The United States took a major step toward establishing relations with Cuba after a deep freeze that has lasted over half a century.
A congressional delegation met yesterday with Cuban officials in Havana. Among the delegation was Michigan's senior senator, Debbie Stabenow, D-MI.
Sen. Stabenow was asked to take part in the delegation because of her position within the agriculture committee. Cuba looks to benefit greatly from agricultural trade with the U.S. because of the many products that are not able to be grown in their tropical climate.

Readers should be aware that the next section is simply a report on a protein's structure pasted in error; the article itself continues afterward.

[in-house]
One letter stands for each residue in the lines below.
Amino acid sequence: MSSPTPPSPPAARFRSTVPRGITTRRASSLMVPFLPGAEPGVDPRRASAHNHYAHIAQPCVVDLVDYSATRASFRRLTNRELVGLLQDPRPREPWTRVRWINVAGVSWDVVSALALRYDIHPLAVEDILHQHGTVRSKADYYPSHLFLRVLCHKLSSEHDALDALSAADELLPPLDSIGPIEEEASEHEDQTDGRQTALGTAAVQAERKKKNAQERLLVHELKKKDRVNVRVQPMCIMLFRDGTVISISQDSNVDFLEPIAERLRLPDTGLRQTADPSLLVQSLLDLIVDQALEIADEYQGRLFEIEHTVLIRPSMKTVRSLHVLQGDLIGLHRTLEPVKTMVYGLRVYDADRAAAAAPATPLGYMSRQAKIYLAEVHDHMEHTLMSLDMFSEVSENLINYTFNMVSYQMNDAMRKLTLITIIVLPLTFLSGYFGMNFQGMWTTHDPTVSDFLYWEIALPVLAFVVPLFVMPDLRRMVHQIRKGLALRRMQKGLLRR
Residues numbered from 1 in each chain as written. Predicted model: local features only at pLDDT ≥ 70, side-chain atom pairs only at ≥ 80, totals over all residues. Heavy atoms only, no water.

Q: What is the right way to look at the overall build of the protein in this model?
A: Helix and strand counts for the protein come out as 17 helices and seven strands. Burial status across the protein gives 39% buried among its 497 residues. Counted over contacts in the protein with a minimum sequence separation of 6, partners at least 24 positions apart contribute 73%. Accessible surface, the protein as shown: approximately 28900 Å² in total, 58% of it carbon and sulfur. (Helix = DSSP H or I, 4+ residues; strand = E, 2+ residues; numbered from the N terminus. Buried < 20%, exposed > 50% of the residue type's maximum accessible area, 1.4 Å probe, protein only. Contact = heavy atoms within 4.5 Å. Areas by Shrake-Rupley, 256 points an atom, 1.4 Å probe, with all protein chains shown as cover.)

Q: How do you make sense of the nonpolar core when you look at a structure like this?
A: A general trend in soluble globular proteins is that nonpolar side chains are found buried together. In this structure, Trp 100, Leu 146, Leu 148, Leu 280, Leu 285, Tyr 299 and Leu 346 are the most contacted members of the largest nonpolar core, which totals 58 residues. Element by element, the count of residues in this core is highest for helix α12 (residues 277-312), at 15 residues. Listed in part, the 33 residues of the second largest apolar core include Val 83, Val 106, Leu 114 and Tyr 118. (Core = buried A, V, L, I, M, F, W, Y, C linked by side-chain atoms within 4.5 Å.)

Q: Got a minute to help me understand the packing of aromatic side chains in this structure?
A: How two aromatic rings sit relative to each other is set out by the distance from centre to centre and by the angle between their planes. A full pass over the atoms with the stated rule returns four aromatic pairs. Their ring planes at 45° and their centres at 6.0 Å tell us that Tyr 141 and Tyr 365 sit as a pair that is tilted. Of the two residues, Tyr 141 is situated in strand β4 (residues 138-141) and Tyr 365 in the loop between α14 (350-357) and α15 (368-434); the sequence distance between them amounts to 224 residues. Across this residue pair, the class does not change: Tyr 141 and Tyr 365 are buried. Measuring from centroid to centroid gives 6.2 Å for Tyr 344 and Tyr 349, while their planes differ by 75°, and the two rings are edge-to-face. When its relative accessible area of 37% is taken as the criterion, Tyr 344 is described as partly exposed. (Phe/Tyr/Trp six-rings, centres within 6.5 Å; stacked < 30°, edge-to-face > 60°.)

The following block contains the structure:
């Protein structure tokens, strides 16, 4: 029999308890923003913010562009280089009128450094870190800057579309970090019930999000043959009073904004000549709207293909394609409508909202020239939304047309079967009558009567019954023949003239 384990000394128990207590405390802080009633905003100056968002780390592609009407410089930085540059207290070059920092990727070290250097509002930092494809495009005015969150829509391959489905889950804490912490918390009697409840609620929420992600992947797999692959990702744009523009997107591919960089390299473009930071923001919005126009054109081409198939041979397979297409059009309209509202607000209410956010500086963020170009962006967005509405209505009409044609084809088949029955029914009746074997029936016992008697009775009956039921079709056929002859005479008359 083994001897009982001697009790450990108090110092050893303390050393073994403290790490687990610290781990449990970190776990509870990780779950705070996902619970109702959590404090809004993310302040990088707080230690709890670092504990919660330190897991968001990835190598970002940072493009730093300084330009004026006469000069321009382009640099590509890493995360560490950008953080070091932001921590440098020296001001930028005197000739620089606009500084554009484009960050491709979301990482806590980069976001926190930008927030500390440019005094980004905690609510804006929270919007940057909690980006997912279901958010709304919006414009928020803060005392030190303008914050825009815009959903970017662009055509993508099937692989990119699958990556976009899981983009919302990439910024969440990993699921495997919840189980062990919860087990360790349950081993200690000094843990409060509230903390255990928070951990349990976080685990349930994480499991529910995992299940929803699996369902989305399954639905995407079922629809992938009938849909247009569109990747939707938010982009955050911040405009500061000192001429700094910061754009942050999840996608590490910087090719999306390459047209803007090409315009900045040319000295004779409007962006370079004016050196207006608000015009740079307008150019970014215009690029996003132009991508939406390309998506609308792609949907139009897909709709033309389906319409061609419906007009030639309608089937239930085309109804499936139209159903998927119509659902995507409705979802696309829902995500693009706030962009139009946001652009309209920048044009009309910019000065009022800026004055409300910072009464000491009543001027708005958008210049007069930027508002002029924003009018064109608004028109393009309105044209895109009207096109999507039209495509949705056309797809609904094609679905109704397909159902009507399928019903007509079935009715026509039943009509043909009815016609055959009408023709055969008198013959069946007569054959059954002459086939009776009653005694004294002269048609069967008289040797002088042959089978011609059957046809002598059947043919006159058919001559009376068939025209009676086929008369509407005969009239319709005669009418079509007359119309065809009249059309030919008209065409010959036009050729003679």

Stabenow said both sides were hopeful and supportive of opening relations. She said that the U.S. expects Cuba to allow these new relations to provide more freedom for citizens to participate in the process and to have a more transparent system with more open communication.
While the process was met with optimism, Sen. Stabenow stresses there are still more logistics to be determined before trade can fully begin.
Steps have already been taken on the U.S. side to determine the use of visas, but Cuba has much more to work out with trade and tourism on their side.
"It is very much in Michigan's economic interest to see things move quickly," Stabenow said. She says Michigan's agriculture and automotive industries can benefit from trade with Cuba.
*Listen to our conversation with Senator Stabenow at 3 p.m. on Stateside